The early research done on two type of metastatic cancer -- ovarian and brain cancers -- has not been tested in humans.
It suggests that lipid nanoparticles may be able to slip into cancer cells to deliver the instructions for making CRISPR enzymes that can break up the genetic material of those cells and kill them.
There’s been a lot of excitement about the potential of CRISPR. But new treatments using the technology have run into roadblocks. It turns out that cells have a defense mechanism that swings into action to prevent their genetic material from being tampered with.
Researchers at the University of Tel Aviv, New York University, Harvard, and a company called Integrated DNA Technologies developed tiny lipid particles -- about 50,000 times smaller than the width of a human hair -- to deliver the instructions for making CRISPR-Cas9 enzyme into cells. Once inside, the cell uses the instructions to make the enzyme, which, in turn, would snip the DNA of cancer cells and kill them.
“We want to make sure that this payload is focused into the right cell,” said Dan Peer, PhD, director of the Laboratory of Precision NanoMedicine at Tel Aviv University in Israel. Peer and some of his co-authors disclosed that they own patents on the technology and have a financial interest in developing the treatment.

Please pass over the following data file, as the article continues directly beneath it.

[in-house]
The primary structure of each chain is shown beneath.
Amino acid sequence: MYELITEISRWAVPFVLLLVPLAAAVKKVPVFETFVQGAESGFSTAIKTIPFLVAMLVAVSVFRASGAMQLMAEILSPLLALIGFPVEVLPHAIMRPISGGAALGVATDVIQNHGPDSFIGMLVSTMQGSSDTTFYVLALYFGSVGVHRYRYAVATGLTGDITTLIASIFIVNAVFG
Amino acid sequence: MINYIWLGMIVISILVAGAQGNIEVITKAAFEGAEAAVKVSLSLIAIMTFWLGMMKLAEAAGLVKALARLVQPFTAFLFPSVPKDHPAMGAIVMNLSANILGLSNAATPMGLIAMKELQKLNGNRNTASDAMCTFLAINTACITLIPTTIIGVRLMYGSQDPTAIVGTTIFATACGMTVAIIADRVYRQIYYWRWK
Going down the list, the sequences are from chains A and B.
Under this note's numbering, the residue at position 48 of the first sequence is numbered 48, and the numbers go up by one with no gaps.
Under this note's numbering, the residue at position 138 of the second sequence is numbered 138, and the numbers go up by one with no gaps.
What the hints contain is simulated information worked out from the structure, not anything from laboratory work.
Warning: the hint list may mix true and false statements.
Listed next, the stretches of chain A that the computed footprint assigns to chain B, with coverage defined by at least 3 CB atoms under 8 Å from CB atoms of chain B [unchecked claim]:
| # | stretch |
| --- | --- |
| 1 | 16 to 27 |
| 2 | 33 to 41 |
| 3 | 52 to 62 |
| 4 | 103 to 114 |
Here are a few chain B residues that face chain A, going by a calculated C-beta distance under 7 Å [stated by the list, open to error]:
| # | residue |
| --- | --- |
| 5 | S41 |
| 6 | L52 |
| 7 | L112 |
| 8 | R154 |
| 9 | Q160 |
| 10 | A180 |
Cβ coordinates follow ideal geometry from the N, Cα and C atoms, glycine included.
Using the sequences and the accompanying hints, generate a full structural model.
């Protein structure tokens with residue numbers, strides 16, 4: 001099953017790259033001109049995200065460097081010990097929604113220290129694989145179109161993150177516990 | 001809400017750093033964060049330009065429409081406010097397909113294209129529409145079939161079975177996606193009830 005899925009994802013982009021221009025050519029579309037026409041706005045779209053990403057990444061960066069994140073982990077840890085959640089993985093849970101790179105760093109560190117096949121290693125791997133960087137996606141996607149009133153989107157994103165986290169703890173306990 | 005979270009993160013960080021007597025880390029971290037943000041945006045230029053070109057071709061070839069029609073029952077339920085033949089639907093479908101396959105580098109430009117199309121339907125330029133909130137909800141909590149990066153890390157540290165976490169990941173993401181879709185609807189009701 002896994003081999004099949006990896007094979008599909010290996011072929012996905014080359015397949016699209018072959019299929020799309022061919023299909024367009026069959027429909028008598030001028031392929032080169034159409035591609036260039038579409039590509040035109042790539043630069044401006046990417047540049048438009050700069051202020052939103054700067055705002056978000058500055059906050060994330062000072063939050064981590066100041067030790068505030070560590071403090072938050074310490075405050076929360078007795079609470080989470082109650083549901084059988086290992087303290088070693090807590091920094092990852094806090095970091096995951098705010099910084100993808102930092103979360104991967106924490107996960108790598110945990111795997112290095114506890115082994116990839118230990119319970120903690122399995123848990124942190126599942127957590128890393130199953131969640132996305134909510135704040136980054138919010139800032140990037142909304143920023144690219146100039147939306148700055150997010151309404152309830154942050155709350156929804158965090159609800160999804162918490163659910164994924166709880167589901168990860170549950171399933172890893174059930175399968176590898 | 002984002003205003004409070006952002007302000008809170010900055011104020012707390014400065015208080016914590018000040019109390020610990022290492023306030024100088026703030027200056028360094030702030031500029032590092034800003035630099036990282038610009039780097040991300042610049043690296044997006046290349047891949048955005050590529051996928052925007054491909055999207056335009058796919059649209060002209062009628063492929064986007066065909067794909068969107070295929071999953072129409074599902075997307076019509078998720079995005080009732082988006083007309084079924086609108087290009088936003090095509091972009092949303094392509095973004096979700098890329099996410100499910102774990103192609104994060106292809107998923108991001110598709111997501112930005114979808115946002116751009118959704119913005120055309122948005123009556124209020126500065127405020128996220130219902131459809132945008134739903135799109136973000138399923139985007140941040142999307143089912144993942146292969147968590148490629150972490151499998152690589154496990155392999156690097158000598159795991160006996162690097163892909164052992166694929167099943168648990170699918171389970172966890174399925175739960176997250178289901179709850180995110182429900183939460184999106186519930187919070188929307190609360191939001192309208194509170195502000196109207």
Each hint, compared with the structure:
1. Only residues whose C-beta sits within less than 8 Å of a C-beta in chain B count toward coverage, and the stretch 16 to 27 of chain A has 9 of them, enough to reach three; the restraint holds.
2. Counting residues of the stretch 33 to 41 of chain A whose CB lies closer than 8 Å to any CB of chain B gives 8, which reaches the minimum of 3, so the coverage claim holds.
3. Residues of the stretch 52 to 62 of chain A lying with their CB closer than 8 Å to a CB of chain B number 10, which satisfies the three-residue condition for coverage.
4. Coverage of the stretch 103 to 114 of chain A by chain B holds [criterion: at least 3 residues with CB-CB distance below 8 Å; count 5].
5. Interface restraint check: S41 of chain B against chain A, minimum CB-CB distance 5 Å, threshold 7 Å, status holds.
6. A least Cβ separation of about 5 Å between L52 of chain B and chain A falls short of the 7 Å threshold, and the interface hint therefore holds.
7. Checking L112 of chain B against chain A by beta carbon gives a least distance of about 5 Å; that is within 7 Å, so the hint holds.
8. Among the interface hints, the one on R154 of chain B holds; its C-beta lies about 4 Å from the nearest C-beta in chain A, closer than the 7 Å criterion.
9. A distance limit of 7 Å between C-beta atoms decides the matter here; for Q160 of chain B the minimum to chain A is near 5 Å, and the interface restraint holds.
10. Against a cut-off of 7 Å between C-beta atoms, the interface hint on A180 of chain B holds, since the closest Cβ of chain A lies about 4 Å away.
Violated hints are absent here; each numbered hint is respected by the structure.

“You don’t want to edit nearby healthy cells. You want to edit only the disease cells. What we call off-target effects are potentially very high. What we have shown, with our strategy, if you look at nearby cells, we found there’s no activity. There’s no editing,” says Peer, who also developed some of the technology that’s being used in Pfizer’s COVID-19 vaccine.
In mice, Peer and his co-authors found a single shot could slow tumor growth and improve survival in mice with brain and ovarian tumors that had spread.
He says he’d like to next test the technology in people.
“We want to push this into clinical trials,” he said.
The study was recently published in the journal Science Advances.